Sheriff Violated First Amendment by Ordering Teen to Take Down Post Saying She Had COVID –

From Judge Brett Ludwig’s decision yesterday in Cohoon v. Konrath (E.D. Wisc.); generally quite correct, I think (though there might be room for punishing people who—unlike the plaintiff here—deliberately publicly lied about having a communicable disease, as there may be for punishing people who put out hoaxes about having committed crimes):

The SARS-CoV-2 virus and COVID-19 have had a tremendous impact on American society. But, as this case makes clear, that impact has its limits and, more specifically, does not extend to overriding the protections of the First Amendment…. [Defendants Sheriff Joseph Konrath and Patrol Sergeant Cameron Klump] violated [Amyiah Cohoon’s] free-speech rights by demanding that she take down her social media posts or face criminal citation or arrest….

In March 2020, Amyiah, then a sophomore at Westfield Area High School, traveled with her school band on a spring break trip to Disney World and Universal Studios in Florida. During that trip, various states, including Florida and Wisconsin, declared public health emergencies in response to the then just-emerging COVID-19 pandemic. Four days after returning home from Florida, Amyiah began feeling ill. Her symptoms included a fever and dry cough. Two days later, she began having trouble breathing, so her mother took her to the emergency room at Divine Savior Hospital in Portage, Wisconsin.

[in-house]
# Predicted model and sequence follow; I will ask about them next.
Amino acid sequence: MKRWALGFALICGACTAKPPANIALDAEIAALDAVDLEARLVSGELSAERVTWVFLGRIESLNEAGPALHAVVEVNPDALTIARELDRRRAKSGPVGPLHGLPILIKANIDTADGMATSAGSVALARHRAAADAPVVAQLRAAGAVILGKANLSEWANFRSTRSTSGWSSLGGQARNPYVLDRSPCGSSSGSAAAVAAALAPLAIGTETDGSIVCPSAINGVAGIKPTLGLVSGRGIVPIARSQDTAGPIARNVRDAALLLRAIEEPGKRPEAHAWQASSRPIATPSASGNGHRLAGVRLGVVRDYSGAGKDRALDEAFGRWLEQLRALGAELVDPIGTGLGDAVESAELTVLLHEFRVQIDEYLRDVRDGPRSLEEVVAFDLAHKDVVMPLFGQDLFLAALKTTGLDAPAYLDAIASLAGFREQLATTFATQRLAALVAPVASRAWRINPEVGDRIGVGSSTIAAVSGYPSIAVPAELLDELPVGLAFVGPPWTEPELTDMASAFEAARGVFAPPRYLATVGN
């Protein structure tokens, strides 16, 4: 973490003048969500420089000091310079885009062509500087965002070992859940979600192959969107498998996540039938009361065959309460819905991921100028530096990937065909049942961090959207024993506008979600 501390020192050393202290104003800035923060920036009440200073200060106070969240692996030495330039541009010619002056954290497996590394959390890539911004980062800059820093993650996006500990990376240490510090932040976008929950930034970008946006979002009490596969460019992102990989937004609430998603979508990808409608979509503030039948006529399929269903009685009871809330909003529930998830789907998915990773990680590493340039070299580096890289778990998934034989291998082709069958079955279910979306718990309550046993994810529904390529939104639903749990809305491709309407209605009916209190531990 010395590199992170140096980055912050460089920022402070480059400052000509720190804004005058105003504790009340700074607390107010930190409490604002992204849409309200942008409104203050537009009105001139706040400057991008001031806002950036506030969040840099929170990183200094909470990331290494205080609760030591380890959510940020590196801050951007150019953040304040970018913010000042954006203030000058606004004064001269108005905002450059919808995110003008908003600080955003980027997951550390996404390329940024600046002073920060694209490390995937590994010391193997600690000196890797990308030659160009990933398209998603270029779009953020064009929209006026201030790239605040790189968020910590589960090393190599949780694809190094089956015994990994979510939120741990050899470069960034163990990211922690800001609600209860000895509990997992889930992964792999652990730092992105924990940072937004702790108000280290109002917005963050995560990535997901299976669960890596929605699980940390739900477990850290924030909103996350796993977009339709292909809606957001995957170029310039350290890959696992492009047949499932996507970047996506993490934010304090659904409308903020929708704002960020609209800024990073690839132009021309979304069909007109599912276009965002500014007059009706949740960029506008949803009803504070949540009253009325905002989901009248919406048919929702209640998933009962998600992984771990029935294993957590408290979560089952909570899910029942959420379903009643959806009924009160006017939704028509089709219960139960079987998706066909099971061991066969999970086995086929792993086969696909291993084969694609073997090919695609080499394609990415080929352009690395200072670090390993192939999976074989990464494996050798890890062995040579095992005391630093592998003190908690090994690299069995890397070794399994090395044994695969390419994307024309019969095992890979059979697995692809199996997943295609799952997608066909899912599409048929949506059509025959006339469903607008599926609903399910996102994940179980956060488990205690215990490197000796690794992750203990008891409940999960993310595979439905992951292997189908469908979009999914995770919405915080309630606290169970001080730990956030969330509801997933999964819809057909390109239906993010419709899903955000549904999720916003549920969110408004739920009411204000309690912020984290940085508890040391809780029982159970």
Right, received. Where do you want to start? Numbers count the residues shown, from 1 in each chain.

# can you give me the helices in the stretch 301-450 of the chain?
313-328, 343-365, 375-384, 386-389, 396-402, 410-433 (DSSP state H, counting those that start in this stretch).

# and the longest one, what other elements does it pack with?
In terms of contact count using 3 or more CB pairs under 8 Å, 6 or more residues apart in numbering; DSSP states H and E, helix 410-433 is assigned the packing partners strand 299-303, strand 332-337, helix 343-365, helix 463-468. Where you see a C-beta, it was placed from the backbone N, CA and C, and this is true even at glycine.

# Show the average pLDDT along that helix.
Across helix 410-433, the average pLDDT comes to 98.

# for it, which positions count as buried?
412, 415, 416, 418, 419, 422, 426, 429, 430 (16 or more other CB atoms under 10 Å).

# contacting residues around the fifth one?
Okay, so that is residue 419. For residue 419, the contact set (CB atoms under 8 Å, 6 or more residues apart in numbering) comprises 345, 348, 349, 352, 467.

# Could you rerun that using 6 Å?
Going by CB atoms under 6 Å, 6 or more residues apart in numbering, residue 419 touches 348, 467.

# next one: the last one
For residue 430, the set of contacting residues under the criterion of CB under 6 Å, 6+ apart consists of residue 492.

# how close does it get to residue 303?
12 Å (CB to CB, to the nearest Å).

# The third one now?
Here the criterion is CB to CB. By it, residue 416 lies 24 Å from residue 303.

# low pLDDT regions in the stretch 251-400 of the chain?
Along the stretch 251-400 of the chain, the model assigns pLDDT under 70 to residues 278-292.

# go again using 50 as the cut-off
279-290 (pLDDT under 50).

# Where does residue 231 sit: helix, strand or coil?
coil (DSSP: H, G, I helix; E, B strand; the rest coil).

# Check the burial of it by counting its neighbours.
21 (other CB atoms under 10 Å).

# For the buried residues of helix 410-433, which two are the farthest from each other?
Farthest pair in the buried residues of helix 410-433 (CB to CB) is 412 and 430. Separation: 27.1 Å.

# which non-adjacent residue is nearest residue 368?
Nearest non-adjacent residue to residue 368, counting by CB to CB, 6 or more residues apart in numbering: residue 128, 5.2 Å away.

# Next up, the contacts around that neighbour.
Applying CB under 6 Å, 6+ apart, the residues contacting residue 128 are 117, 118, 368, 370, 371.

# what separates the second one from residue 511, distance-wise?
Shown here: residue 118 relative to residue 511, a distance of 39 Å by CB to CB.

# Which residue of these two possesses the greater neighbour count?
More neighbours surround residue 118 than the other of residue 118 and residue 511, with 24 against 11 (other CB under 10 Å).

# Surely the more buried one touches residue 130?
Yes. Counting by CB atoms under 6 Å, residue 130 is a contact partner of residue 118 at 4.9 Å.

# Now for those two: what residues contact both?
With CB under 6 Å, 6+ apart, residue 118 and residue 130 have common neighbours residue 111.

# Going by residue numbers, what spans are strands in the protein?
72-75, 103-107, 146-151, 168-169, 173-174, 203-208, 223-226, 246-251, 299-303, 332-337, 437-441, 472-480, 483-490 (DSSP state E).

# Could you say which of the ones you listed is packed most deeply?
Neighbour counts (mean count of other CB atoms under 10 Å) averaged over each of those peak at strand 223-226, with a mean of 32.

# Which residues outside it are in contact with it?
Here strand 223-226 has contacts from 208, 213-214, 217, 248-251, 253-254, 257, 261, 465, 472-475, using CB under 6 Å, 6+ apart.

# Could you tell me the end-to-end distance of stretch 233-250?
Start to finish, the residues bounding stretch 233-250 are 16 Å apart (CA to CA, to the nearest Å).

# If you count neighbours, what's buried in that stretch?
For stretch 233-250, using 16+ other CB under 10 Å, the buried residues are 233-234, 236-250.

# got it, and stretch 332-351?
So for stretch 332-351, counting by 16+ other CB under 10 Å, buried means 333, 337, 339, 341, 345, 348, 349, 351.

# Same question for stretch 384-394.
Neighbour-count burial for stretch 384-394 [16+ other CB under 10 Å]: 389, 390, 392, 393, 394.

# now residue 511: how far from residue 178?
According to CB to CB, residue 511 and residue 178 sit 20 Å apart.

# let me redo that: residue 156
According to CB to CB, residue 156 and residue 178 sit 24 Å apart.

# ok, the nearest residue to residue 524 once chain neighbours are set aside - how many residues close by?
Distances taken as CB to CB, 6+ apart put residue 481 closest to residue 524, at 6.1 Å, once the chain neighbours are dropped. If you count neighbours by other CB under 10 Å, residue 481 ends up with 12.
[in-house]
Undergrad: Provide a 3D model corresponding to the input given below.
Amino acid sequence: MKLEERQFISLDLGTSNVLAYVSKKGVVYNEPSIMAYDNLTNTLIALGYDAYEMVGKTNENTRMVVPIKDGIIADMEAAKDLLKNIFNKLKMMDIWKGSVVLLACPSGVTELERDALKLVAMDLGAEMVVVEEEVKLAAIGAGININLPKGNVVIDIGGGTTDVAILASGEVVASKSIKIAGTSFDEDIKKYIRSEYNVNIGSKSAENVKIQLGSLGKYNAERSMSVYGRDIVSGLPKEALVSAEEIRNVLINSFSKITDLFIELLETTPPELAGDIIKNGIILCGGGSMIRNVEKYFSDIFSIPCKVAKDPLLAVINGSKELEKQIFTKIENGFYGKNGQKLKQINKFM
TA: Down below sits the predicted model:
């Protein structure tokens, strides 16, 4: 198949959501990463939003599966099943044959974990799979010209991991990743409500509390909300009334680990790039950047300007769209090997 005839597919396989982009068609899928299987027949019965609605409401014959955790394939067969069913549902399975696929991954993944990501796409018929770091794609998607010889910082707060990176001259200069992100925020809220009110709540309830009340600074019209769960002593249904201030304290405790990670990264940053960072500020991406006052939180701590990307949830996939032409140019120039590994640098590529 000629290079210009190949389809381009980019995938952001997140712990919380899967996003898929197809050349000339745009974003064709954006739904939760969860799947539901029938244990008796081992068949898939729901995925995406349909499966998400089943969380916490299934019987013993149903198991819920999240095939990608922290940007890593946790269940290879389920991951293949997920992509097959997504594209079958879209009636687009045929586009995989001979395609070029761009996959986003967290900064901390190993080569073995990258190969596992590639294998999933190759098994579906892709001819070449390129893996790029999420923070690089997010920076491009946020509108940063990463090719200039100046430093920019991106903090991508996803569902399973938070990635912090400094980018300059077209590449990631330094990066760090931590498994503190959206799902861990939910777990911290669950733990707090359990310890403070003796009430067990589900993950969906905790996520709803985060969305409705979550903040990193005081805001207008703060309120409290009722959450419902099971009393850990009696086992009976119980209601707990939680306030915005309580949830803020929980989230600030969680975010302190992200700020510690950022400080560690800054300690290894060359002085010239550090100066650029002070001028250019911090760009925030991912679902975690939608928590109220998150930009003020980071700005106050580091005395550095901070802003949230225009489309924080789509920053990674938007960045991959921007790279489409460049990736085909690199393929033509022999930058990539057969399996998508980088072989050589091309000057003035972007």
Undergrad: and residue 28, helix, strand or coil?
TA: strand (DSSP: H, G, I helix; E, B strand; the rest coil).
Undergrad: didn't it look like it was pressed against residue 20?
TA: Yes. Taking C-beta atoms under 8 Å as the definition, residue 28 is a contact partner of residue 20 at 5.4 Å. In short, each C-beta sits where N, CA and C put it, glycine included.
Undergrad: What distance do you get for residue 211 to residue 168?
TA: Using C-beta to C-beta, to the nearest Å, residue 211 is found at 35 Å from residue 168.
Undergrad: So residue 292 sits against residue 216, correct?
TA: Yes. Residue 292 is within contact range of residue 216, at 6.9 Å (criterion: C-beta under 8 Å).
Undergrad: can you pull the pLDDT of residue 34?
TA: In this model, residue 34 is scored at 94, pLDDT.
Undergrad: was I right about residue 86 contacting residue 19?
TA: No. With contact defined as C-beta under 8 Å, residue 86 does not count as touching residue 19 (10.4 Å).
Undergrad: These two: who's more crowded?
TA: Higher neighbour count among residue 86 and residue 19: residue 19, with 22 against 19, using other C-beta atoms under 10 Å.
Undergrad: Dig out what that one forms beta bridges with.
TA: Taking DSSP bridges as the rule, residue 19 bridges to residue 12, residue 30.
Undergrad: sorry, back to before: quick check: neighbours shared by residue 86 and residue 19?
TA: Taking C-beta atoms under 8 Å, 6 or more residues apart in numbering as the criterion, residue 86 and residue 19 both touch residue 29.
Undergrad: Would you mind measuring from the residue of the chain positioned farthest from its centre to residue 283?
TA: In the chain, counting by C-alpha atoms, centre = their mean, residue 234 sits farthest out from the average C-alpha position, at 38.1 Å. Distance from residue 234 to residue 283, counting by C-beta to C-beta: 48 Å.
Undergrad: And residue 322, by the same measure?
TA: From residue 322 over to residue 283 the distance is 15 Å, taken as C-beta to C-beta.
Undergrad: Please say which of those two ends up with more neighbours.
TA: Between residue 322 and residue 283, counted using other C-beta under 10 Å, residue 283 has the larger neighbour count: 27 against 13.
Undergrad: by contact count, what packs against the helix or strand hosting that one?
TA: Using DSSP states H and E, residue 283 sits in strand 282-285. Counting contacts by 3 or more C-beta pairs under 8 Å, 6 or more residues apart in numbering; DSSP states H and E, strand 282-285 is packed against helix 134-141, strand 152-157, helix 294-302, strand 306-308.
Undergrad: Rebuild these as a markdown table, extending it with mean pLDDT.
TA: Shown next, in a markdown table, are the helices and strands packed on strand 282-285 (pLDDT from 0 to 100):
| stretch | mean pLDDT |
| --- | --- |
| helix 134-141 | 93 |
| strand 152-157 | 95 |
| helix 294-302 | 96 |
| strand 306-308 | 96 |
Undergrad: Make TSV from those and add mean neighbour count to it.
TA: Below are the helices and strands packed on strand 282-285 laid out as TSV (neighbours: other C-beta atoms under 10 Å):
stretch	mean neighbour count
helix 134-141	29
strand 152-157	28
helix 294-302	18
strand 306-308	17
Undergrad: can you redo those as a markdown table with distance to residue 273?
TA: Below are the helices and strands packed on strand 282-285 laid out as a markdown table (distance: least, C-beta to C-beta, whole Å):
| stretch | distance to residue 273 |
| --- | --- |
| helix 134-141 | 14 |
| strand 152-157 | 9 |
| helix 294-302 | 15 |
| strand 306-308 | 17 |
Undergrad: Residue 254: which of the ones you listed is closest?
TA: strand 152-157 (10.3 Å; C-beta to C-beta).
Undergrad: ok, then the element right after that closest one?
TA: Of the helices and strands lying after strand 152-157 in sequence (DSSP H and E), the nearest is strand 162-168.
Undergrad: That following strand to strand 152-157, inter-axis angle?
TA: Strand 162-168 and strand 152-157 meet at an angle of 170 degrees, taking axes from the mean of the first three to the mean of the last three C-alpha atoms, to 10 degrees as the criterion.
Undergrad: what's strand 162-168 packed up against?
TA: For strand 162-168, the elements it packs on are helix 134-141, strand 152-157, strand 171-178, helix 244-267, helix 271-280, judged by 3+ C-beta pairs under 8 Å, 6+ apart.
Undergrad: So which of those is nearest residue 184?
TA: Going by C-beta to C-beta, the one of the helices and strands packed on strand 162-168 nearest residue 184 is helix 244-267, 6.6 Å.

The doctors at Divine Savior evaluated Amyiah and diagnosed her with an “acute upper respiratory infection.” They informed her that her symptoms were consistent with COVID- 19 but said they could not test her for the virus due to the testing criteria in effect at the time. They then discharged her with an inhaler and instructions to strictly self-quarantine for 14 days and return if her condition worsened. They also instructed her parents to self-quarantine for 14 days, consistent with the COVID-19 protocols in place at the time. After returning home, Amyiah posted about her experience on Instagram, captioning a photo of herself from the spring break trip with: “Hey guys… sorry I’ve been on a long break.. I won[‘]t be back for a while longer due to me no[w] having the COVID-19 virus… I don’t want the attention it[‘]s just the truth… I am now in self quarantine and am not allow[e]d to leave my room and have an inhaler since they said to go home… best of wishes. love you guys.”